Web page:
The Victorian scored a five-point victory in the modified stableford event. It was his first win on the PGA Tour since 2010.

Cameron Percy won the Tour’s Price Cutter Charity Championship, which helped him gain his card to the lucrative US PGA Tour.

The 40-year-old birdied the final two holes for a one-stroke victory over four players. It was his 131st start on the tour.

Earlier in the year, Karrie Webb came from five shots back to win her fifth Women’s Australian Open at Melbourne’s Victoria Golf Club.

The 39-year-old finished at 12-under par with a final round four-under par 68 to edge out Korean Chella Choi.

Then 39-year-old Webb conjured one of her greatest rounds to reel in the leaders and win the JTBC LPGA Founders Cup – her 41st win on the LPGA Tour and her 53rd around the world.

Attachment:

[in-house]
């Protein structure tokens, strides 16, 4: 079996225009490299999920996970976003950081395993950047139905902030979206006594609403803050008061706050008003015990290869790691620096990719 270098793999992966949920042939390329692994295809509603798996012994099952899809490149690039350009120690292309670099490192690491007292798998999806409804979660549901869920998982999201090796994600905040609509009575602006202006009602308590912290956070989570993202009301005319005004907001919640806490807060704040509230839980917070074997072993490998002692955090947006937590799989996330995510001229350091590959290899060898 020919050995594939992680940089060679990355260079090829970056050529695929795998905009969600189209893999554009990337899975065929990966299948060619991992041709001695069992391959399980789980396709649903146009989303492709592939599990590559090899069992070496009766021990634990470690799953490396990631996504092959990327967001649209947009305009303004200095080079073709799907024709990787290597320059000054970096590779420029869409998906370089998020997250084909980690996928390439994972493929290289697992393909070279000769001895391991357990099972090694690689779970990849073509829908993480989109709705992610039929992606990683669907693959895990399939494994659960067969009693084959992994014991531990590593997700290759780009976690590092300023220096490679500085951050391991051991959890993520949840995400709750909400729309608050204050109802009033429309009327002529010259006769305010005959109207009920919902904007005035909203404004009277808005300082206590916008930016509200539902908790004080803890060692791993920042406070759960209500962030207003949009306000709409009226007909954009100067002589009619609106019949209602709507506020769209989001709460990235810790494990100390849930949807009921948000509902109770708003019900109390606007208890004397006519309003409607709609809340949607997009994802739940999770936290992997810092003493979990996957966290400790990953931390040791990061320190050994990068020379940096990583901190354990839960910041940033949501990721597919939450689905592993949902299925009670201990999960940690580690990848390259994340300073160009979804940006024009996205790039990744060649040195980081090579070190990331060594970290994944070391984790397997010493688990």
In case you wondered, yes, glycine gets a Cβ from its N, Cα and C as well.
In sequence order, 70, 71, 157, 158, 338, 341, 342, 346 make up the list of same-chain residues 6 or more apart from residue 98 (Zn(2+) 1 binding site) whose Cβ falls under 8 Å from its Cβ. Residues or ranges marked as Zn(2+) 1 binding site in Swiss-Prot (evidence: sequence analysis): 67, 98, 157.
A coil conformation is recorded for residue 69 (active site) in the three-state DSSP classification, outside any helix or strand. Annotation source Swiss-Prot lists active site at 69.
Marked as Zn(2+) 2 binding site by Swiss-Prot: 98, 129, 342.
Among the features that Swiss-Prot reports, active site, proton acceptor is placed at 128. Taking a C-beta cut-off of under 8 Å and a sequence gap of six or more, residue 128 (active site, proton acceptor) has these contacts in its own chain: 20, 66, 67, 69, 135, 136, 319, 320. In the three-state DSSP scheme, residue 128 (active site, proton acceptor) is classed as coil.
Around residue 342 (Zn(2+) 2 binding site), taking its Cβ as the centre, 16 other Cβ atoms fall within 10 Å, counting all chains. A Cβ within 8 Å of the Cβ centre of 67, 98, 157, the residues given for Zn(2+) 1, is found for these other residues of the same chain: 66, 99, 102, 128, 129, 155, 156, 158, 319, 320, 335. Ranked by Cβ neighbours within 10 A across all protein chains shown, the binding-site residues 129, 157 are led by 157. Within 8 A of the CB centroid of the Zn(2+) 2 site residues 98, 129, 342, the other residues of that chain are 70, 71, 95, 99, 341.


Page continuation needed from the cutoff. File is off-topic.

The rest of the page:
On the Asian Tour, Aussie Marcus Both and Scott Hend triumphed.

41-year-old Hend had to dig deep to win the Hong Kong Open, a co-sanctioned event with the European Tour.

He went into a playoff with Filipino player Angelo Que, but held his nerve to birdie the first extra hole for victory.

“Finally I’ve won a European Tour event,” he said.

Both, meanwhile, couldn’t stop smiling after capturing the Philippine Open despite a bogey on the final hole.

The 35-year-old lost his tour card last season and only got in on a sponsor’s invite.

He did consider quitting the game, but changed his mind after banking $324,000.